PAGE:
a book shop window displaying colleen hoover's book layla and the words book review

27 MAY, 2022


Layla is a novel that, according to the publisher, “explores life after tragedy and the enduring spirit of love.” I guess that’s one way to put it, but before I tell you what I thought about this story, let’s take a quick look at the plot. Here’s the Cliff’s Notes:

Deadbeat and general weirdo (my assessment), Leeds, meets bubbly belle Layla at a gig. He’s the suffering moody musician, she’s the upbeat dream girl. It’s instalove. She’s the one and he’s going to spend the rest of his life with her. But then shit happens and Layla is left fighting for her life. She spends weeks in hospital and does, eventually, recover physically. Emotionally, however, she is no longer the same girl Leeds wanted.

Desperate to save their relationship and get his girl back, Leeds kidnaps whisks Layla away on a “romantic” trip to the place where they first met. But Layla doesn’t behave the way he’d expected her to. And then we add a couple of spoonfuls of paranormal plotline and a triangle drama, and from there things really go south.

I’m at a loss as to how to review this book, to be honest. I really thought I would enjoy it because I read Hoover’s first book, It Ends With Us, and loved it. It was her debut and a really well-crafted one. So, when I saw this one get mixed reviews on Booktok I wanted to give it a go, but I was sorely disappointed. The problem is, I’m not even sure why.

Colleen Hoover is a good writer, and I’m trying to understand whether I have a problem with the story as such, with the way it is told, or with the characters. And maybe, in a way, the biggest problem for me is the main character. There is nothing to like about him. No redeeming features.

Now, I’m the kind of reader who prefers character over plot, if you’re not this may not be a problem for you. For me, a story needs to feature interesting characters dealing with interesting or fascinating problems, and either succeed or fail to solve them. In Layla, we’re presented with an unlikeable, two-dimensional main character, and I don’t understand why. Especially since a large part of the book plays out inside his head.

It could be that it is harder to write a male MC if you are not a man. But I’m not even sure if that is the problem here. Maybe it is the fact that we get thrown straight into the action with a musician who hates being a musician spotting a girl on the dance floor and two minutes later it’s instalove. Not infatuation, not lust. Love. This is the woman of his dreams and this is the one he’s going to have come hel or high water. And the one he ends up having, and the rest is something that can’t seem to decide what kind of story it is.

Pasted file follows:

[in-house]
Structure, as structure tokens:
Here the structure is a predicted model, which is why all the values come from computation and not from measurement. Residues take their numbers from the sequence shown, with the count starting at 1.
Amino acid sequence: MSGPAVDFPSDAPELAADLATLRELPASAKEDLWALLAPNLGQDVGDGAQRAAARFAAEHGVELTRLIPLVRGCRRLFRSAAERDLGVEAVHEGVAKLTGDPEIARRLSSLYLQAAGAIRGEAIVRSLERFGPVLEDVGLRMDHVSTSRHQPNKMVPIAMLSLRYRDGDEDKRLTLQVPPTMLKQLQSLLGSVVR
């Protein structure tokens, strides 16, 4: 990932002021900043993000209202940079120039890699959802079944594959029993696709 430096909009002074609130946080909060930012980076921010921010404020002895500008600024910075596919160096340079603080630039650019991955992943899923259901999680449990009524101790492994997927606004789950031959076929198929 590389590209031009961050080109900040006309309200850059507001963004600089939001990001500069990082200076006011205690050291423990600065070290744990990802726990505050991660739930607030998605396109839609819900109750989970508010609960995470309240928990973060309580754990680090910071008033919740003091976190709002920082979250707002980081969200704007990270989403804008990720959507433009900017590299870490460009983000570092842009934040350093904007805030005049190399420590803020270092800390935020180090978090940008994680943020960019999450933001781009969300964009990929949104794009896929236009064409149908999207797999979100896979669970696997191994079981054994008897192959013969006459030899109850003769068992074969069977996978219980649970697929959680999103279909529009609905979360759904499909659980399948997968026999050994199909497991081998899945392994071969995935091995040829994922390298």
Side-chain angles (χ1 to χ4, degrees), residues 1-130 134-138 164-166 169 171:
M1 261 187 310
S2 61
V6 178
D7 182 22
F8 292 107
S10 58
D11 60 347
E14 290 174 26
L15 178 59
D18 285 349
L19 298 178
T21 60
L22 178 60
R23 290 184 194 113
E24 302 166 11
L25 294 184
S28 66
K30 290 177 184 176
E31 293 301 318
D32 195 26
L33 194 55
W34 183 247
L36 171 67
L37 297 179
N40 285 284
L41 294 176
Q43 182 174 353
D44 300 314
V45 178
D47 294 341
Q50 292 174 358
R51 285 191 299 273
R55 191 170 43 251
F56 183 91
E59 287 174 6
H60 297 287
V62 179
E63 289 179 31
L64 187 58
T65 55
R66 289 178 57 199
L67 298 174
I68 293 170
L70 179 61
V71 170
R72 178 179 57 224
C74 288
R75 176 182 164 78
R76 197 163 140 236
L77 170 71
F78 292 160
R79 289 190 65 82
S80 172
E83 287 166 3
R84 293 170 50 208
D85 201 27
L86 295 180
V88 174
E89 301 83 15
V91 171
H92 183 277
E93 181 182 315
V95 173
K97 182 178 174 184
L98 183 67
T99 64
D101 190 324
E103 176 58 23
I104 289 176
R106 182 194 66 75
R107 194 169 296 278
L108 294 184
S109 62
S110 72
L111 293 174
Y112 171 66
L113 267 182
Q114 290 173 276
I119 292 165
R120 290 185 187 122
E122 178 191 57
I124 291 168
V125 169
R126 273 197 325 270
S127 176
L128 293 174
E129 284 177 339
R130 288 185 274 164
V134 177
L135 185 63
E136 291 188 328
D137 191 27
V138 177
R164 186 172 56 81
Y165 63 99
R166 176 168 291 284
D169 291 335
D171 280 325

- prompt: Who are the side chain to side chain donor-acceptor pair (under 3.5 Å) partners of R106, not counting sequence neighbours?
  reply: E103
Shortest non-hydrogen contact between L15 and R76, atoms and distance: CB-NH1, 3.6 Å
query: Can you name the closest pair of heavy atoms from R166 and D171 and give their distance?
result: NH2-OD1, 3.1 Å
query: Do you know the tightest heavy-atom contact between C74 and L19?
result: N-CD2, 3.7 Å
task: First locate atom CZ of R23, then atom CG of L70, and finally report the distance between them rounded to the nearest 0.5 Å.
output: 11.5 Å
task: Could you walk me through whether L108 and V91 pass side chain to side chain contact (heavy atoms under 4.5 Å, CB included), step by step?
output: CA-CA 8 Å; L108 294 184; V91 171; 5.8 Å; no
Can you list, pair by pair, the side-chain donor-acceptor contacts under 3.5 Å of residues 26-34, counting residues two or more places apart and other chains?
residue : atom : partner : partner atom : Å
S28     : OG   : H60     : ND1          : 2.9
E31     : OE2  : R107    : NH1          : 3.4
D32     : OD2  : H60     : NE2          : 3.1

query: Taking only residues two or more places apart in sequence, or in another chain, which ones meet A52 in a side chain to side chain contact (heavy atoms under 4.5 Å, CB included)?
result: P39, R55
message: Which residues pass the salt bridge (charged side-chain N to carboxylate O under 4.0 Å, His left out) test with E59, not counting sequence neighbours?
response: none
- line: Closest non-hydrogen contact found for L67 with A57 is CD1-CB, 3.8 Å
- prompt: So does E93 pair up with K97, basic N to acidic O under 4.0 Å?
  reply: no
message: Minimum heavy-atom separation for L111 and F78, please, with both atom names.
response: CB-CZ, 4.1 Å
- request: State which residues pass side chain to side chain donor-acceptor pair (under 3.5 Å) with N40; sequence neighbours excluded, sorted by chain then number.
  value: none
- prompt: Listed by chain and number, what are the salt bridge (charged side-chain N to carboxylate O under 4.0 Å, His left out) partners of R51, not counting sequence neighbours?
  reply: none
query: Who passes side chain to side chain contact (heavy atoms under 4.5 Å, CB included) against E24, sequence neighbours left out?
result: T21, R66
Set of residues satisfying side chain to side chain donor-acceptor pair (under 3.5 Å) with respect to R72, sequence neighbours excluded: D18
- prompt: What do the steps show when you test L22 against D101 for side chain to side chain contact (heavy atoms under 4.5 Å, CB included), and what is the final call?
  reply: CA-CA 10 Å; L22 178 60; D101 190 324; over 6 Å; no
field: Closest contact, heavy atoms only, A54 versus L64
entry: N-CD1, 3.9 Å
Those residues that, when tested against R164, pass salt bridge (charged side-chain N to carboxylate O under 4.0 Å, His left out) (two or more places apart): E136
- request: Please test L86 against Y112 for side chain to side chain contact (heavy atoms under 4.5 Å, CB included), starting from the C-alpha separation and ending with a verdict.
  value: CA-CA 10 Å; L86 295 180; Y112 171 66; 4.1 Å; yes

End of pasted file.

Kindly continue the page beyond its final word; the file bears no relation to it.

Now, I love multigenre books, and I am by no means saying it has to be one or the other. But even in multigenre you need to feel like there is some kind of order. Am I reading romance, horror or a paranormal murder mystery? Is it fantasy? Is it a thriller? Is it just me? The answer here is that I’m not 100% sure. Is it romance? I’d say no, but it is listed as one.

This book gave me a headache and I think that’s a crying shame. It could be down to me just don’t getting it, so I rated it two stars because it really was a meh reading experience for me. I’m not hating it. I’m not saying it is badly written. I’m just… I’m just not feeling it on any level. Not engaging with the story. Not engaging with the characters.

I don’t feel like I’m reading a romance, but I also don’t necessarily feel like I’m reading a paranormal story. I just don’t know, and that’s why meh is my final rating of this book. I’m still going to read more Colleen Hoover books because the first one was brilliant, I think I rated it five stars, and I can’t wait to see what else she has written.

This one, however? Not for me.


Linnea Lucifer is the Captain of an imaginary pirate ship, a weaver of stories, and a certified pain in the arse. She spends most of her days daydreaming and writing fantasy, smut and painfully crappy poetry.

Named after a sweet little flower that grows in mossy fir forests, and a fiery fallen angel, Linnea takes great pleasure in everything that tickles all the senses and adds a sprinkle of magic and spice to our world.

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